Film is a well-shot B&W movie with an abstract storyline that tries to distill to essentials certain chosen elements of existence. As such it’s very much a student film. The quality that makes it watchable is Keaton’s presence — we know him well enough to decide right up front that he’s allowing himself to be used as a mannequin to serve the director’s vision. The only thing that looks like a possible Keaton contribution is the repetitive gag about trying to put the dog and cat out. But the gag is so below Keaton’s level of invention that we know he’s just following orders. Film is a silent movie in that most of the meaning of what we see is provided by Keaton’s mime and attitude: he fears the Camera. Why he wants to destroy his past identity as represented by the pictures, we don’t know.
Frankly, we’re rather shocked that Beckett’s cinematic expression should be so thin. Intellectualizing the set-up, it gains depth. If the camera eye is an omniscient God, and our everyman Keaton’s goal is to free himself from its gaze, then I guess the show is an okay construct of The Human Condition. It’s just not a particularly compelling construct. I suppose I should have connected the Eye at the beginning with the pursuing, peeking camera that bothers Keaton throughout the show, but I wasn’t expecting such a… cliché. The image of a point-blank staring eye is what begins Un chien Andalou, Vertigo, Peeping Tom, Repulsion and I don’t know how many other films with artistic intentions that play a better game of connect-the-dots. Director Alan Schneider isn’t Buñuel or Polanski or Michael Powell, and even the fine cameraman Boris Kaufman can do only so much with the concept. Film is an okay stab at a UCLA project 1, Mr. Beckett, and we look forward to your next effort. I also feel a need to see the docu Notfilm, to find out just how wrong my first impression of Film can be. Left to my own devices, I can mis-read a film just as well as the next viewer.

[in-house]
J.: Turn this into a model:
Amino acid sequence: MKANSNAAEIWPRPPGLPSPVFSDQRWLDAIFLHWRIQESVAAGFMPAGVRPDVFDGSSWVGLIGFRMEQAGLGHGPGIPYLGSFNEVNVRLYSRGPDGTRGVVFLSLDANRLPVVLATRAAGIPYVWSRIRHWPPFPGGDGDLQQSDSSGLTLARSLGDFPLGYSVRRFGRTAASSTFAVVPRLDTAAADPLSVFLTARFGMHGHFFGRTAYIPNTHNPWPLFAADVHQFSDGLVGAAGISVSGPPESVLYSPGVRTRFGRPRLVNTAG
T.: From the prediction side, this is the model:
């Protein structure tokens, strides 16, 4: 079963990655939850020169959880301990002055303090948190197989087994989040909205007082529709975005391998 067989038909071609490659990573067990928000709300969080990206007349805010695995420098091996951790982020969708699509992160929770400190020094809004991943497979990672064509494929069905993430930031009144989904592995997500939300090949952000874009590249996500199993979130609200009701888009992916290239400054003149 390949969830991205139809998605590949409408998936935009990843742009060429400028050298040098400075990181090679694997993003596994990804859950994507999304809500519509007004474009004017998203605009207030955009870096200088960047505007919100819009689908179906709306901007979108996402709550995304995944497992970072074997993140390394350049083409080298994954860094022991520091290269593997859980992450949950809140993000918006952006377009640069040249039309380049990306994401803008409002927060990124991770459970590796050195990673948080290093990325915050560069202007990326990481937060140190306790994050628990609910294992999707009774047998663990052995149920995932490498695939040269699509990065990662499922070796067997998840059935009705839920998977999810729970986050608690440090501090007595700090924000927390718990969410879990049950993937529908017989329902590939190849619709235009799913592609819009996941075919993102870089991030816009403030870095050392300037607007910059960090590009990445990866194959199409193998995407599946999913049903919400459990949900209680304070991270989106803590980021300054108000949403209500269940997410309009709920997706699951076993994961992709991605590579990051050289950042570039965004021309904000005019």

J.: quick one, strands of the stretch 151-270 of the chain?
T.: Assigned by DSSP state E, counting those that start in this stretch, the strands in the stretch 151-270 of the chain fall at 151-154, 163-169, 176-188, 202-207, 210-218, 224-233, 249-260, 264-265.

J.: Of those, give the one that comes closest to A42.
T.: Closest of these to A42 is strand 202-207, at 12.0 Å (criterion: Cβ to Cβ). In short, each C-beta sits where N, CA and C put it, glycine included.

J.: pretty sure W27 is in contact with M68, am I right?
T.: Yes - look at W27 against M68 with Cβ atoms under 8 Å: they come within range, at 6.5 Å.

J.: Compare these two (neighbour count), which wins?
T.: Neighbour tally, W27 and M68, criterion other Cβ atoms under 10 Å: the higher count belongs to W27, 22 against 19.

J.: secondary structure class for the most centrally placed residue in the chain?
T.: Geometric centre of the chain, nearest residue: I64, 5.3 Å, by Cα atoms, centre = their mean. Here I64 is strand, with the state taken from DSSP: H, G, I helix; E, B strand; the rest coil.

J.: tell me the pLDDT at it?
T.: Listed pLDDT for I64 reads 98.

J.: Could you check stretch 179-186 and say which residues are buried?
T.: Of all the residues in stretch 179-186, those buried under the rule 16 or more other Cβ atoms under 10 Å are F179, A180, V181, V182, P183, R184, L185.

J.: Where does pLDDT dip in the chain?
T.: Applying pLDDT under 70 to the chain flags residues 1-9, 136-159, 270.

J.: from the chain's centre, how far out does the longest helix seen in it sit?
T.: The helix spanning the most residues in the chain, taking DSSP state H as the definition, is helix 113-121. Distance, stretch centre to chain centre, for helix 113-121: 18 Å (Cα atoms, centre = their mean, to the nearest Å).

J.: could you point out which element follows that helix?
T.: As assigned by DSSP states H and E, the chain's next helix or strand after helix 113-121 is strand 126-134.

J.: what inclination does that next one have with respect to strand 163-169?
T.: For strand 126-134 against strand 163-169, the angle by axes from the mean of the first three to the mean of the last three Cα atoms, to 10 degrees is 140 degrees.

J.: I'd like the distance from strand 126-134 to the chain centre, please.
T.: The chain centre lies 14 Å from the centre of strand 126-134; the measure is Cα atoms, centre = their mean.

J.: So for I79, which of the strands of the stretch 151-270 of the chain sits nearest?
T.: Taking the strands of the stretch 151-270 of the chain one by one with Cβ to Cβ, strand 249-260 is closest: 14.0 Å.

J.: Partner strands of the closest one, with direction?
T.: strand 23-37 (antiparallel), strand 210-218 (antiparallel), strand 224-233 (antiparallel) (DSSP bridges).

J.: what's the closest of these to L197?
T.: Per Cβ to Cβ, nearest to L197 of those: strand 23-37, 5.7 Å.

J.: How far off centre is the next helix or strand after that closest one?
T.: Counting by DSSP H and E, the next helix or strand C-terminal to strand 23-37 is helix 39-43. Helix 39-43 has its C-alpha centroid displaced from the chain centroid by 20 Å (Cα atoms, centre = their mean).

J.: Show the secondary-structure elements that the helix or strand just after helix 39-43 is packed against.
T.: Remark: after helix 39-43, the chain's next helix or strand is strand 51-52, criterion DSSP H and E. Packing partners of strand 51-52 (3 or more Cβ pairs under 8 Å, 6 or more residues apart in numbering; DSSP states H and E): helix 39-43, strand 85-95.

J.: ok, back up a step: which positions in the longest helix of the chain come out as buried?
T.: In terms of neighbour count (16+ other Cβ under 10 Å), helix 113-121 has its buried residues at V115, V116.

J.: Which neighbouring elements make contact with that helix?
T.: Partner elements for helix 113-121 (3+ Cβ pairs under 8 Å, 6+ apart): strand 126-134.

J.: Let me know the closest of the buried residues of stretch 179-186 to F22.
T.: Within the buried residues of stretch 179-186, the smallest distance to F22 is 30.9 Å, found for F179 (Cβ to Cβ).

As Film is so brief, Milestone’s disc includes a highly desirable extra, the full (104 min) teleplay of Waiting for Godot by Samuel Beckett, directed by Alan Schneider for TV in 1961. It’s truly a great piece of theater, with Zero Mostel and Burgess Meredith bringing extra meaning and emotion to Beckett’s spare dialogue. Publisher-producer Barney Rosset introduces the teleplay, giving us a feeling of continuity with Notfilm, as he plays such an important part in its making.
The other extra is a compilation of the film takes done during the ‘dog and cat’ filming. For ten minutes Keaton goes through the mime of ejecting the pets, and seeing them sneak back in. The camera covers it more or less in the same way each time, and we wonder if they were trying to find a way to film it so Keaton’s face would always be away from the camera. Keaton is impressively consistent, clearly doing his best to get the director exactly what he wants. We also see a few stage waits and bits where the director or Beckett walks into the shot for a few frames. Nobody laughs. The dog and cat pretty much do what they’re supposed to without fail.